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Chinese New Year 2011: ‘Yee Sang’ in Canada

Yee Sang

We had ‘Yee Sang’ at RC’s house today together with her family. She makes this every year as part of the Chinese New Year (CNY) festivities and traditions. ‘Yee Sang’ is a salad made of shredded vegetables and mixed with some condiments and plum sauce. Slices of raw salmon or other kinds of fish is commonly added to the mix. After the sauce has been poured over, everyone at the table picks up his or her chopsticks and begin tossing the salad  to mix it up, the ‘Prosperity Toss’.

This is a shot of the toss during last CNY, again at RC’s house. She had more people over then.

IMG_5299 (600x400)

Before coming to Canada, I didn’t know Yee Sang is a CNY tradition only in Malaysia and Singapore. The Chinese restaurants here don’t serve or sell this. I heard that a Malaysian restaurant in Markham makes this but it’s selling for $100 a dish and upwards. I suppose it has a high price tag for a salad because it’s a labour-intensive dish but still…! RC prepares this dish all by herself, shredding and slicing the vegetables and deep-frying the shredded yam and sweet potato. Even the sauce is homemade! If not for RC, I wouldn’t be able to having Yee Sang during CNY. Smile Thank you, RC!

 
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Posted by on February 12, 2011 in Life

 

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Peanut (Butter) Cookies

Every year during Chinese New Year (CNY) I’ll make peanut cookies. They are somewhat a traditional CNY cookie in Malaysia. Peanut cookies require roasted peanuts to be grind till fine before being mixed with the rest of the ingredients. I find that a lot of work and  maybe not as yummy as my mum’s short-cut version which uses peanut butter instead! It may sound sacrilegious to the traditional peanut cookie bakers out there who would painstakingly roast and pound (okay, maybe just whiz in a food processor) tons of peanuts for the cookies but this is really a time-saver. Granted the texture of the cookie would not be the same but it’ll still be a hit with all peanut and peanut butter lovers.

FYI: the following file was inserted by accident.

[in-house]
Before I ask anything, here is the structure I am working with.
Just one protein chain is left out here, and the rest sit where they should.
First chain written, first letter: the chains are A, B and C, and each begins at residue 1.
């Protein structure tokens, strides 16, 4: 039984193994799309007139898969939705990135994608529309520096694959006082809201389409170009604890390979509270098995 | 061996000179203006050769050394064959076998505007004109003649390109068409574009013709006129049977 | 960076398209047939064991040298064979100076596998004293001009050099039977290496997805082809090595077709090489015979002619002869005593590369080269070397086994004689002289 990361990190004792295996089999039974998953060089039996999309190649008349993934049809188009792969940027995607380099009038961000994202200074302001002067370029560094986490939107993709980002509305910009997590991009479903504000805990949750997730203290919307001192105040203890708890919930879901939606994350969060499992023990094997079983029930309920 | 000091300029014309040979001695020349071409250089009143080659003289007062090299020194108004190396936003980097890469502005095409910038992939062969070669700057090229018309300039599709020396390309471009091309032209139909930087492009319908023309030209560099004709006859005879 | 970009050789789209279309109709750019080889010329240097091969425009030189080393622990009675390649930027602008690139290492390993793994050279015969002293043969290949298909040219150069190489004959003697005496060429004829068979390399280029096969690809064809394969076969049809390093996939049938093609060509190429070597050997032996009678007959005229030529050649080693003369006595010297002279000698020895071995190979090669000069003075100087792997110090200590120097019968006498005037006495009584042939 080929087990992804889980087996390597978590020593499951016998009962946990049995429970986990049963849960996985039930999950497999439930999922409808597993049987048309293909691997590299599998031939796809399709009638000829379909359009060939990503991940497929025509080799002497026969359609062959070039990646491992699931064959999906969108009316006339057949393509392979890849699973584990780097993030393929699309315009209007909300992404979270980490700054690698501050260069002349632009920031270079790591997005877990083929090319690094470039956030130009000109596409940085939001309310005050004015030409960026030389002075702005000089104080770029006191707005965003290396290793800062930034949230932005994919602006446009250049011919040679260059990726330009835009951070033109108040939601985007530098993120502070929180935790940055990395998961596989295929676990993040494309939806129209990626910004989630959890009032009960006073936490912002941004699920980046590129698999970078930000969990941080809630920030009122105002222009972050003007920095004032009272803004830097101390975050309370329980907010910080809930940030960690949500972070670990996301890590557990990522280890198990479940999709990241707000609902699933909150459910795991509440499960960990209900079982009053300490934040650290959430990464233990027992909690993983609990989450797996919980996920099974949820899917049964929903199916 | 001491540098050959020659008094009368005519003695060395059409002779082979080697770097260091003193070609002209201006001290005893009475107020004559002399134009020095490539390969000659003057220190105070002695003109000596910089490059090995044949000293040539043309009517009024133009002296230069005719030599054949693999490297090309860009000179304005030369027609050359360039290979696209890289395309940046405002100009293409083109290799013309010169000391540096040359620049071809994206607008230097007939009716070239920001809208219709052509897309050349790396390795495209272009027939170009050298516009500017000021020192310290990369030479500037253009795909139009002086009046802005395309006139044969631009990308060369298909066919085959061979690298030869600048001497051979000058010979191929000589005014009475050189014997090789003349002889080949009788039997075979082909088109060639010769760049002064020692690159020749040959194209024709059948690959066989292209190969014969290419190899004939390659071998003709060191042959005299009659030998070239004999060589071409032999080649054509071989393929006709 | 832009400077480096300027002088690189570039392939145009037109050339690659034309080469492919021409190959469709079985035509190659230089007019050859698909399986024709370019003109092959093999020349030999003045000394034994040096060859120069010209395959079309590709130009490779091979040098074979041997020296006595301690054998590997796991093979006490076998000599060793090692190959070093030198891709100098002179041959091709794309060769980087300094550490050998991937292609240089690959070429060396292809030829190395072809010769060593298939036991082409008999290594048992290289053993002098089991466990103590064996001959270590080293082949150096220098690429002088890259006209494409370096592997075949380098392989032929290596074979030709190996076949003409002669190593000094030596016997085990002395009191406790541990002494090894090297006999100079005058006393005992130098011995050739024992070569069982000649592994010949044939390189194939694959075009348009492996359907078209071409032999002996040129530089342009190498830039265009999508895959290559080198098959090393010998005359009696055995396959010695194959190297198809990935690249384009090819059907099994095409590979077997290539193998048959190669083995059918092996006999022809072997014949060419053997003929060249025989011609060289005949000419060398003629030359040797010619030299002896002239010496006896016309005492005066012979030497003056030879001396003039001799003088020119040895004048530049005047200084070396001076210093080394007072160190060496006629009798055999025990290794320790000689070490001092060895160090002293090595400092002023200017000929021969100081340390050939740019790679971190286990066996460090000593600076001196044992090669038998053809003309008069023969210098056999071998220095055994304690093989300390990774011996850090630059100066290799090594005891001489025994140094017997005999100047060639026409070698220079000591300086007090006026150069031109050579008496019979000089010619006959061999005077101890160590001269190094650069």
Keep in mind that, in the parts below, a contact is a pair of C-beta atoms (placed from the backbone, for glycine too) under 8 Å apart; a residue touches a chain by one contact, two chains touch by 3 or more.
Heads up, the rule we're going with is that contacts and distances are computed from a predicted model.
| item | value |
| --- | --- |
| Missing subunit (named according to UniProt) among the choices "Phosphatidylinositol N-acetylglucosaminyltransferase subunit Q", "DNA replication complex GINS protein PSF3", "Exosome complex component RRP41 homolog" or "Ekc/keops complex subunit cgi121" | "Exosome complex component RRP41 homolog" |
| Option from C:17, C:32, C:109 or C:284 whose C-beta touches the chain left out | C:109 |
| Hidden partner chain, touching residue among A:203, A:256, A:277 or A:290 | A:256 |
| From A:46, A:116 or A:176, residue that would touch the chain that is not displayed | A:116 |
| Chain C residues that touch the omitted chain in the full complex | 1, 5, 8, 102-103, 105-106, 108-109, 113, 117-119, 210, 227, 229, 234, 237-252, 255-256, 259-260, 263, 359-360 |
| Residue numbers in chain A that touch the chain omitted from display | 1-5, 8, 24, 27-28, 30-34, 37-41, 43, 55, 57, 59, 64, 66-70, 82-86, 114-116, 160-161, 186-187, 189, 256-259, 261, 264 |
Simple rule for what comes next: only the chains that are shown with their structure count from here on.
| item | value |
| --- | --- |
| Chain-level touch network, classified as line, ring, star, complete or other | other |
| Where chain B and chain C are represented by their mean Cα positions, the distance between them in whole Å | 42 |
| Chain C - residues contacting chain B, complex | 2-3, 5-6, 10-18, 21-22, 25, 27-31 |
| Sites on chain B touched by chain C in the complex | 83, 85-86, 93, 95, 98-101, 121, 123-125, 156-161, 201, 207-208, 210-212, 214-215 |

I’ve not met anyone who likes peanut/peanut butter who doesn’t like this cookie. This year I brought some over to my neighbours, Andrew and Cherie, along with ang pow (red packets) for their daughters. I had just gotten back into the house when the phone rang. It was Andrew and Cherie on speaker-phone telling me how much they love it and asking me if I would teach Cherie how to make it! I taught Cherie how to make it on Tuesday and she and her 4-year-old had fun rolling and baking the cookies.

Give this recipe a try. The full recipe makes about 300 cookies depending on big or small you roll them but they’ll go fast! They break in your mouth with the slightest pressure and melt into peanut butter goodness. They’re pretty addictive that way and you won’t be able to stop yourself from taking one after another!

Peanut Cookies

340g creamy peanut butter (I prefer Skippy’s)
600g all-purpose flour
200g confectioners’ sugar
3/4 teaspoon salt
240ml vegetable oil
1 egg yolk

1. Mix all ingredients together, except the egg, in a stand mixer with a paddle attachment until the mixture comes together. The dough will be smooth and soft.
2. Pinch some dough and roll in between the palms of your hands to form a round ball. Place it on a parchment paper-lined baking tray. Alternatively, you can take some dough and roll it to form a thin, long log. Pinch dough off the end of the log to roll into balls. Repeat till dough is used up. (Leftover dough can be frozen.)